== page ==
Our family home is looking tired but we don’t have a huge amount of money to spend on a revamp.
The kitchen is dark and the benchtops and cupboard doors are dark and grubby. The floors are old 70s tiles and the walls are exposed bricks. The bathrooms are in good working order but the tiles are dated. The bedrooms have carpets that need replacing. Which areas should we focus on to make it feel fresh? Lots of people have suggested we should sell and relocate to a newer suburb where we can get more value for money but we love the central location of this house. What is your advice?
It is costly to rent a home while undertaking demolition and a new build on the existing site can take 6-12 months so it is worth considering a new home in a new location if the existing house is in need of so much work that it is more cost-effective to build than repair or replace.
But if the home is structurally sound and has good bones, renovating is a good idea. For a 70s-style home, generally the architecture is of a modern style and the high priorities would be electrical, flooring, kitchen, bathrooms, laundry and colour scheme.
Replace the lighting with warm or daylight LED lighting with dimmer switches. LED lights are a lot brighter than halogen and fluorescent lighting, so you will need less of them and a dimmer will create a softer mood.
I also recommend updating power points as many retro home styles don’t have adequate power for our many modern devices. Invest in feature pendants over the kitchen bench.
The kitchen design is important and the layout should be designed by a professional. Choose appliances that are as high quality as you can afford and use predominately laminate in modern finishes for cabinetry and benchtops. An acrylic splashback that looks like glass or tiles are great options. A handle-free design helps when on a budget. Always install the kitchen before laying flooring up to cabinets in case it needs to be replaced. Also complete any structural work such as applying plasterboard, render or cladding to the brick walls.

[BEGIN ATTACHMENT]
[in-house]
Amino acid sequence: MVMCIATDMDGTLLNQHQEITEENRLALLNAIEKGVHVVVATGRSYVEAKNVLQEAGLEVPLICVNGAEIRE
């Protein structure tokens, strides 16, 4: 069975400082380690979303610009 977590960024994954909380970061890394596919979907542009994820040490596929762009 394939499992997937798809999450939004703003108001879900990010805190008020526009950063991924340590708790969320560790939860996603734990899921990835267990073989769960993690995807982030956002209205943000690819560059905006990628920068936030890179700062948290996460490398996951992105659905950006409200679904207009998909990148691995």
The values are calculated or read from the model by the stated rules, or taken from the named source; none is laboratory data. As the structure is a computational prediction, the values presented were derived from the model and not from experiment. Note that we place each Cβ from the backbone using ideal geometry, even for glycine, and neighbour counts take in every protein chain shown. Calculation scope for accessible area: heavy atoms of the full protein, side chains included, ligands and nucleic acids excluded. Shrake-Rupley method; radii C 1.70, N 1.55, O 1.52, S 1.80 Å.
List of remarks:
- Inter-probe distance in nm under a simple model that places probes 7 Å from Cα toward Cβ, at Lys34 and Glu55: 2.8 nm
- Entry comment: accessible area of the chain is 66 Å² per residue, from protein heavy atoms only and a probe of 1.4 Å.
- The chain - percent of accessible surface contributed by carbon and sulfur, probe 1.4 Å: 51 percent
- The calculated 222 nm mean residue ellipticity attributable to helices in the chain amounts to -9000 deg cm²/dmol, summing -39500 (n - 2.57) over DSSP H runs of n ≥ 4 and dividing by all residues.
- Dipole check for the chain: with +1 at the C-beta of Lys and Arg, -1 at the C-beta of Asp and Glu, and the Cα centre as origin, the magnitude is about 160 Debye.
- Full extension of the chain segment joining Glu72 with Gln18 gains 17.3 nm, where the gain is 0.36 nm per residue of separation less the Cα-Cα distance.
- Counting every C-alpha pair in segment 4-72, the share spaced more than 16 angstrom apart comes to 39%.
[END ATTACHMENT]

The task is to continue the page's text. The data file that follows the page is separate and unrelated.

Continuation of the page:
Next, select bathroom tiles. If you are working with the existing walls and fixtures, consider a larger-sized floor tile in a grey or natural stone colour and use it in all wet areas. It may be less expensive to install non-rectified ceramic tiles so always price the project on tile cost and installation.
Match the colour of your tile to the grout to make the space appear larger and avoid grout staining.
In the living area, kitchen and bedrooms, warmth can be added with a laminate or vinyl timber look which is both economical and attractive.
Finally, paint throughout, including ceiling, walls, skirting, door frames and doors. Select a scheme that connects the flooring colours. Blend window treatments with wall colour and choose roller blinds for economical privacy and light control. Use accent colours in your styling to create interest.
Natalie Fermoyle, of Bella Life Style